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By Bishop Earl Boyea

The Holy Trinity - the most important of our beliefs

At this time of year, there are many moral issues out there which demand our attention. However, it occurred to me that it might be good to focus on the most important of our beliefs: the Trinity. We believe in one God, not more than one. The mystery which has been revealed to us in Jesus is that this one God comprises three persons: the Father, the Son and the Holy Spirit. This is truly a mystery which we cannot explain completely this side of the grave. That is why we call it faith – we believe it. We will experience this communion of love in heaven, and then all will be clear.

Until that glorious day, let me look at this from a different point of view, from our prayer and daily life. Most of us, when we pray, do so to “God.” I presume that we mean by this, “the Father.” That is what happens in the Mass when we say a prayer to God; it is addressed to the Father. It strikes me that we should be conscious of directing our prayer and praise to this loving Father, the one who sent his only Son to become one of us at the Annunciation to Mary, and then at Christmas, until he gave us the gift of his Son on the cross on Good Friday. The Father was showing his love for us in this extended gift into our time and history.

That is why our access to the Father is always through his Son. It is Jesus who has told us about the Father and his deep love for us. And Jesus did not just tell us; he showed us by his words, his miracles, his suffering and death. Without Jesus, we would not know about the Father. Jesus taught us to call God, “Father.” He gave us a prayer, the Our Father. So, all prayer that we direct to the Father is always through Jesus and in union with Jesus. We give great thanks to the Father for having given us his Son for our salvation.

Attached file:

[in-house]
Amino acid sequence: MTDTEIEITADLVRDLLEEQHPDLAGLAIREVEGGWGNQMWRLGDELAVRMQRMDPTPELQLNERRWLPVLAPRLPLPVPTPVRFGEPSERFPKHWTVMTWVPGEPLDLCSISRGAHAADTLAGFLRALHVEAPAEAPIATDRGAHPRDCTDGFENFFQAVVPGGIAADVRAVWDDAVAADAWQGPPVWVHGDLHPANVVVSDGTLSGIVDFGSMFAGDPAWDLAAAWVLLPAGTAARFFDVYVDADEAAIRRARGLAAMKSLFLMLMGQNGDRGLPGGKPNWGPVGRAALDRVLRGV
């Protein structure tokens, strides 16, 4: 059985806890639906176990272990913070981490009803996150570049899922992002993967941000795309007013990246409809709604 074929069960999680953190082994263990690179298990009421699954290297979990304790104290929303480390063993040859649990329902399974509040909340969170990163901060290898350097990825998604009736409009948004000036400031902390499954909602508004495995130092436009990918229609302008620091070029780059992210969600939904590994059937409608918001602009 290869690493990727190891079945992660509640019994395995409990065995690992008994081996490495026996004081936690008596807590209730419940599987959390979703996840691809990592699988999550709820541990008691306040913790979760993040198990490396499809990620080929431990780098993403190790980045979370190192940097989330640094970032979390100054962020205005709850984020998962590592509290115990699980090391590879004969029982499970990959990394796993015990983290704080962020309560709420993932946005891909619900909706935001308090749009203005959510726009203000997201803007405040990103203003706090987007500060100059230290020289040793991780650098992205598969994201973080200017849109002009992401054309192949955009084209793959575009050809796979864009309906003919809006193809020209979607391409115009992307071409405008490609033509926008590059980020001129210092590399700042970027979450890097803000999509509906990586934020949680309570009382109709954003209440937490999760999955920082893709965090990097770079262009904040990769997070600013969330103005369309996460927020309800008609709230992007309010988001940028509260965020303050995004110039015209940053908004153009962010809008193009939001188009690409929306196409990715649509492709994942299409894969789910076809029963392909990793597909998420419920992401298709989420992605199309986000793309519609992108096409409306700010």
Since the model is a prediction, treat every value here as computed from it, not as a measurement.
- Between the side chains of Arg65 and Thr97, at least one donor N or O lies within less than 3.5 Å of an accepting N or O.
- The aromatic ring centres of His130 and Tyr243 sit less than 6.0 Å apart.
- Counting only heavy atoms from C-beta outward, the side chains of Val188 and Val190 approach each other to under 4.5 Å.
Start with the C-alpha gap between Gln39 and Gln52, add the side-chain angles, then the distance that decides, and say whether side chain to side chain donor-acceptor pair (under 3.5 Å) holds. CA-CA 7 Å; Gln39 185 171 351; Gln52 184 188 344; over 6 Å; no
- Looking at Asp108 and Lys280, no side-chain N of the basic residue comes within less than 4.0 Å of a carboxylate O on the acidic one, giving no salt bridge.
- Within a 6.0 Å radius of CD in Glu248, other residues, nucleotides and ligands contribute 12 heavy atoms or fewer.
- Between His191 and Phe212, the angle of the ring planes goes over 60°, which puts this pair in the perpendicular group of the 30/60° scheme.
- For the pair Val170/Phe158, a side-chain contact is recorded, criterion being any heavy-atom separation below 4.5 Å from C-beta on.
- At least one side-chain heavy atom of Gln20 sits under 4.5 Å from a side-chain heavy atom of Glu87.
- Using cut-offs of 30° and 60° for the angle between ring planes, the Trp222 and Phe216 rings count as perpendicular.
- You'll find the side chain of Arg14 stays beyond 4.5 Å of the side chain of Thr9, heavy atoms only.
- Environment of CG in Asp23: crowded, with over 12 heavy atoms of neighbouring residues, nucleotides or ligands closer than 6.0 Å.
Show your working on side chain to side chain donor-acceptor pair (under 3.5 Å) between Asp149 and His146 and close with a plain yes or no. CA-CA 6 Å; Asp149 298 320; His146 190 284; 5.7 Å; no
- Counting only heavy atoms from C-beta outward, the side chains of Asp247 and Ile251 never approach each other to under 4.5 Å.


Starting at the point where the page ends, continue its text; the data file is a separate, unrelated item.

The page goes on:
But that gift-giving on the part of the Father did not end on Good Friday. Rather, the Father continues to give us his love and power and presence through the pouring out of the Holy Spirit, who has taken up residence in all our hearts through baptism and confirmation. I am fully convinced that most of us do not feel this presence at work in us. Is that the Holy Spirit’s fault or ours? Or is that not a question we should ask ourselves? But if we do not ask it, are we not missing part of our life with the Holy Trinity? Most of us are like corked bottles of wine. And we are not empty bottles. There is a great vintage within each of us which only needs the open air to breathe and to be of benefit to ourselves and the world.

This is why all the prayers of the Church are directed to the Father through the Son and in the Holy Spirit. Notice this next Sunday when you hear the priest say the opening prayer at Mass. We are related to all three persons of the Trinity, and to the degree that we are not, our relationship with God is lacking in full maturity.

What shall we do? First of all, it is important to have a deeper encounter with Jesus, and that can be achieved through the reading of the Gospels and a deeper appreciation of the sacramental life of the Church, especially the Eucharist. Second, we need to invite the Holy Spirit to direct our lives, to let that Spirit guide us, perhaps even in ways we would rather not go. Finally, all this needs to be directed, then, in an act of praise and thanks to the Father for his many gifts to us. Is that not what this Christmas season is most about? We are thankful for the gifts we have already received.

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